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How to Cite a Literature Book MLA-Style

by Paige Johansen, Demand Media

    The Modern Language Association format for citing literature, such as a novel, is the same as the association's format for citing any single-author book. The MLA-style citation system is used mainly in the humanities. Writers of essays should cite any source from which they use an idea, paraphrase or quote directly.

    Citing a Novel

    A novel should be cited as followed in MLA format: Last Name, First Name. Title of Book (in italics). City of Publication: Publisher, Year. Medium. For example: Smith, Joseph. Returning Home. New York: Chatam Press, 1999. Print.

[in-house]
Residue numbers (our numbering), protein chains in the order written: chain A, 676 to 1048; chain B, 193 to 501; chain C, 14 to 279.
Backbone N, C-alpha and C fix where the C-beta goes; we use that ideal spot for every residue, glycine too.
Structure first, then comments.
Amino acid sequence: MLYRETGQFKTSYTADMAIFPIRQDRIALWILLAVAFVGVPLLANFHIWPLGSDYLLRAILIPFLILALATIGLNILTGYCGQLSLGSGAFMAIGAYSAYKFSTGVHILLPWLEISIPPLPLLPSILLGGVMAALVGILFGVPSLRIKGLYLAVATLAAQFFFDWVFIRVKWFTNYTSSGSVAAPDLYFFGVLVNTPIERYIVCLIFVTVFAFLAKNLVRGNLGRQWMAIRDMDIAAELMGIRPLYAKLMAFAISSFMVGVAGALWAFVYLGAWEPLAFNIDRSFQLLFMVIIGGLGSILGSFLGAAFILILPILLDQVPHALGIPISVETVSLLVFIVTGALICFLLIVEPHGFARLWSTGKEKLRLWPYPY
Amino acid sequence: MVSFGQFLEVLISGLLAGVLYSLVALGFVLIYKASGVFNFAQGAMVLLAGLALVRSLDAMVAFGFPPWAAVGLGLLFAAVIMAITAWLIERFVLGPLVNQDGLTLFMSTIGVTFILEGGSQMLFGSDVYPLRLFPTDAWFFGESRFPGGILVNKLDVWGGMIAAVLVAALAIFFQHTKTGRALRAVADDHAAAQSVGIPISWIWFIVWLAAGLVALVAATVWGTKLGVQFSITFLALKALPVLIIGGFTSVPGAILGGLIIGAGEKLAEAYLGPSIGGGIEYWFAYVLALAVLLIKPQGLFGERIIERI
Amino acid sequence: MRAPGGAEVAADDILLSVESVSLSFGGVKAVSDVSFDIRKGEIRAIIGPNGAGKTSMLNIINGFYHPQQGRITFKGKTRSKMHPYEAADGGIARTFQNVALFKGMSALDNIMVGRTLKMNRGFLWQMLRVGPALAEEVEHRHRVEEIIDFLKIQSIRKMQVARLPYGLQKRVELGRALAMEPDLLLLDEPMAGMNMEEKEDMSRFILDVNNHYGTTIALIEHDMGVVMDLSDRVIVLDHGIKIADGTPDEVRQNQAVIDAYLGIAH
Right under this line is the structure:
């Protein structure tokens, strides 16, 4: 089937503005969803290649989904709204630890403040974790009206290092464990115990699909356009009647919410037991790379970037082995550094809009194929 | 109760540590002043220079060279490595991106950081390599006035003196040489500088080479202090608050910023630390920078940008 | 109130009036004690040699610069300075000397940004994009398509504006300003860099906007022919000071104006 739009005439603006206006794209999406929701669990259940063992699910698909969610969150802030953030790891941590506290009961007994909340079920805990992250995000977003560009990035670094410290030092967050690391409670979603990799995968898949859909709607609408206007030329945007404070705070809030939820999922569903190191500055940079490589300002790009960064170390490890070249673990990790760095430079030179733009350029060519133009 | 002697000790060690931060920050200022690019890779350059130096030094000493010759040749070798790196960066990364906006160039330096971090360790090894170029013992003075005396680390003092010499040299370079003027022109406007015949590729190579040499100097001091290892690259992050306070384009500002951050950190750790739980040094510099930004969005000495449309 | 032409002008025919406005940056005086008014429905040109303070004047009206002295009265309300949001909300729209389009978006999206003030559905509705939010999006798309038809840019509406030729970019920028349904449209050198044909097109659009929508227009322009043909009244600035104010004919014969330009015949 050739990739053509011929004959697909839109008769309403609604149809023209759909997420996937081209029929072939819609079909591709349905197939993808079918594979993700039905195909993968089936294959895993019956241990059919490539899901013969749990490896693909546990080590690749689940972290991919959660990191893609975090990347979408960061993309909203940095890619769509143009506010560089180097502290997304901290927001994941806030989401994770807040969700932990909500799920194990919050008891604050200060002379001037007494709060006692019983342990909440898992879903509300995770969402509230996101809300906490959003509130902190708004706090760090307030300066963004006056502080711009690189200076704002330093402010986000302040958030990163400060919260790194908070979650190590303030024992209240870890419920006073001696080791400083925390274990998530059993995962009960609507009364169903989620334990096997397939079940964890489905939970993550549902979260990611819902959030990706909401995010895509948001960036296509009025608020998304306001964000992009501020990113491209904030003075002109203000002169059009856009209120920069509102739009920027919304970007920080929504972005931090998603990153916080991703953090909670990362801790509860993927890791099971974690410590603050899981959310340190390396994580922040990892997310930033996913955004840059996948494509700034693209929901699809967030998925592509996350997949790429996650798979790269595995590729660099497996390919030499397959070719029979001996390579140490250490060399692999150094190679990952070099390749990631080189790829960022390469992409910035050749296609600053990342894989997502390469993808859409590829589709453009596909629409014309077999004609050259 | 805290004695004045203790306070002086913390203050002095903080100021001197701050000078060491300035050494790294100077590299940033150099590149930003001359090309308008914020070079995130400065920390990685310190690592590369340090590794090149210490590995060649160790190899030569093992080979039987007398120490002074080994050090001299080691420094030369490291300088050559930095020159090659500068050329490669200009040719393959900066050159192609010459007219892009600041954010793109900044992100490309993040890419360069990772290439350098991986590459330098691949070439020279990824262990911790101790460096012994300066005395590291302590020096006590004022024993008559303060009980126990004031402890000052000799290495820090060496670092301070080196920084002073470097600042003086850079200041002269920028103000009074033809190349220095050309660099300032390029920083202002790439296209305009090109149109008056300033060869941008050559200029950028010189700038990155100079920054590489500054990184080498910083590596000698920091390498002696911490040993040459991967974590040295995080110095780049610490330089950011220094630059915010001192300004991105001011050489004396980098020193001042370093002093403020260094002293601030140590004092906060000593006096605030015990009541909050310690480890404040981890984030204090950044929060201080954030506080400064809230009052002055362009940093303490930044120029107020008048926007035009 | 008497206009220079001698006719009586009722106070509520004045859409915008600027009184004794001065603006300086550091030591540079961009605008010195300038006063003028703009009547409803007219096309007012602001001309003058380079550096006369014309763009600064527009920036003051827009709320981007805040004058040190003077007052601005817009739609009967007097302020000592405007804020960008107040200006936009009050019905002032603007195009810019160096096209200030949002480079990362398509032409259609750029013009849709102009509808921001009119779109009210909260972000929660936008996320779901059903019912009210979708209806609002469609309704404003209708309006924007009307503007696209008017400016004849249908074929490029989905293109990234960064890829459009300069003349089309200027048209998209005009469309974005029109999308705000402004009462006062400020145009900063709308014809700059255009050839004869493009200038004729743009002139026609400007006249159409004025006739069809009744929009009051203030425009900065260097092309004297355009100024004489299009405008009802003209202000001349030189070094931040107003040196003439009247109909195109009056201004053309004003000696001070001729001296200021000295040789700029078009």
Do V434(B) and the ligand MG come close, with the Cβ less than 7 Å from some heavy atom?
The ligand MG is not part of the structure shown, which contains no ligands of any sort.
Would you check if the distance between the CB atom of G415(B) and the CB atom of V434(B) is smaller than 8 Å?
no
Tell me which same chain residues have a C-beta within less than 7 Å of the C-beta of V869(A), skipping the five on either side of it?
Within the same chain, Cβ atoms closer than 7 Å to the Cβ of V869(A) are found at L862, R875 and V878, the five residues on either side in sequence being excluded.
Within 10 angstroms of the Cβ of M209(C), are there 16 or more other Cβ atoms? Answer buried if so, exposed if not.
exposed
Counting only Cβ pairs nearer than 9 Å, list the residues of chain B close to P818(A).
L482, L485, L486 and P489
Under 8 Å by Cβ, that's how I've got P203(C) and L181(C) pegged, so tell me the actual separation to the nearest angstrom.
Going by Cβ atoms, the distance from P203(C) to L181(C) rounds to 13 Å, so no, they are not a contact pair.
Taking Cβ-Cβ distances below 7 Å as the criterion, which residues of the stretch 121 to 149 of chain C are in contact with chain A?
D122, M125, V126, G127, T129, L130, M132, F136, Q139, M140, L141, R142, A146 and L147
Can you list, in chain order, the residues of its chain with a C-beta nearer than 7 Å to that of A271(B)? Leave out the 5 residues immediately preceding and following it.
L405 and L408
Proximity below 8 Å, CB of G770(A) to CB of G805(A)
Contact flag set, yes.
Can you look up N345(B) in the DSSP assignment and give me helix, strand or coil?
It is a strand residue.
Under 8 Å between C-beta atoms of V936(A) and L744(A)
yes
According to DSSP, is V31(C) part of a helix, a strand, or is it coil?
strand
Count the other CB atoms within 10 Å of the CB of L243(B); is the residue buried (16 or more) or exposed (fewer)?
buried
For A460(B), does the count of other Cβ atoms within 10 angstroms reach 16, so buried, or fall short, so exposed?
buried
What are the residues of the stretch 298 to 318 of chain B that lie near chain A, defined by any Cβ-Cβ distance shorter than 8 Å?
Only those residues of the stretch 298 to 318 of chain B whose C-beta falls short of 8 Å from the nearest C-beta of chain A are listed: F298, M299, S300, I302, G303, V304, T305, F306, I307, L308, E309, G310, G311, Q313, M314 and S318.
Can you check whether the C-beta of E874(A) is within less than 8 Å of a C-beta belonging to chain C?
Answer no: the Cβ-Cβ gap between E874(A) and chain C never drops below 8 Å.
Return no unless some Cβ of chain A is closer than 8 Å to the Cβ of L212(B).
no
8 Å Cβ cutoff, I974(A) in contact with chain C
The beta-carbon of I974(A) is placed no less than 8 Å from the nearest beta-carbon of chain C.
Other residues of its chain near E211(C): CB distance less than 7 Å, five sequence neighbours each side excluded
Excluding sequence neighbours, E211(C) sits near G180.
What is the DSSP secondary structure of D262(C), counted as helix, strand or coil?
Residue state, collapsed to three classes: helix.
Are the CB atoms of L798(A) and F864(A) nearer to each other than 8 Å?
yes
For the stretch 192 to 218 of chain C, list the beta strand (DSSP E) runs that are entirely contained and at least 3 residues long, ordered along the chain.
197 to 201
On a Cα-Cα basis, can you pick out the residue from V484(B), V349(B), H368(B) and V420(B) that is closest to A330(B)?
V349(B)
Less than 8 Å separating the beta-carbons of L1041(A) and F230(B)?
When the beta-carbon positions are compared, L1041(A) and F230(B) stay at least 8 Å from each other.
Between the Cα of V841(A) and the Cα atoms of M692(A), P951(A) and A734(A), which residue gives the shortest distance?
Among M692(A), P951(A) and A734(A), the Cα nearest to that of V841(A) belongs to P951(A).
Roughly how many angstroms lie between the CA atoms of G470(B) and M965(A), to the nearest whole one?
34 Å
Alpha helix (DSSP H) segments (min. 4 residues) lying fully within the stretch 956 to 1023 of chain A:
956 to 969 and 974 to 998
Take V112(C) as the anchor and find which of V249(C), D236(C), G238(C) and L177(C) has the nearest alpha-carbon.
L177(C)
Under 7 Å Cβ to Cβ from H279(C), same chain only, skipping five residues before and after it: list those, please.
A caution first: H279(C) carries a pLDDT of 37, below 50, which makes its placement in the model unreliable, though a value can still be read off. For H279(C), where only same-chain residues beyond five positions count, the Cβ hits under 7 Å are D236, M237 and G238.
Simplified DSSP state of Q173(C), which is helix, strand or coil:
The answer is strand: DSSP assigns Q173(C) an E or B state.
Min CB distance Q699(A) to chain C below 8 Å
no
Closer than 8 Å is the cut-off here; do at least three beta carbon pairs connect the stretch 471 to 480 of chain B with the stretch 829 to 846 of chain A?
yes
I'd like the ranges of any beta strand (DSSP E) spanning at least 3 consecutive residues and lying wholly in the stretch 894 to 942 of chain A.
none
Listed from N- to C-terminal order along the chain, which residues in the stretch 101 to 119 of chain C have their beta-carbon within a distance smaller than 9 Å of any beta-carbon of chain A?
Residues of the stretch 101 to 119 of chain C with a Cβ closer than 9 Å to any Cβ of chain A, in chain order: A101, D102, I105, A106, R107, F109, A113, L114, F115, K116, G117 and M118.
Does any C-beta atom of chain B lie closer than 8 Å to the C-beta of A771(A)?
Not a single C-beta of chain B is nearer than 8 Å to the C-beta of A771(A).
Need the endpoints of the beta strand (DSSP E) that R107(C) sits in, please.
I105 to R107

Exceptions

    Most novels should be cited as above, but some exceptions are made for particular editions or versions of a book. In each of these cases, cite as above but with the additions indicated here. If the novel was written in translation, add the abbreviation "Trans." and then the full name of the translator directly after the book title. Similarly, if the book was put together by an editor add "Ed." and the full name of the editor after the book title. If the book was reprinted, but not in a new edition, then indicate the year of original publication directly after the title (also include the publication date of your reprint, as indicated above). If you are citing a particular edition of a book, note the edition in abbreviate form after the title, for example write "4th Ed."

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    About the Author

    Paige Johansen has been writing professionally since 2003. She holds a B.A. in psychology and English from Cornell University and an M.F.A. in fiction writing from The University of Virginia. Between degrees, she worked in the fashion industry for two years.

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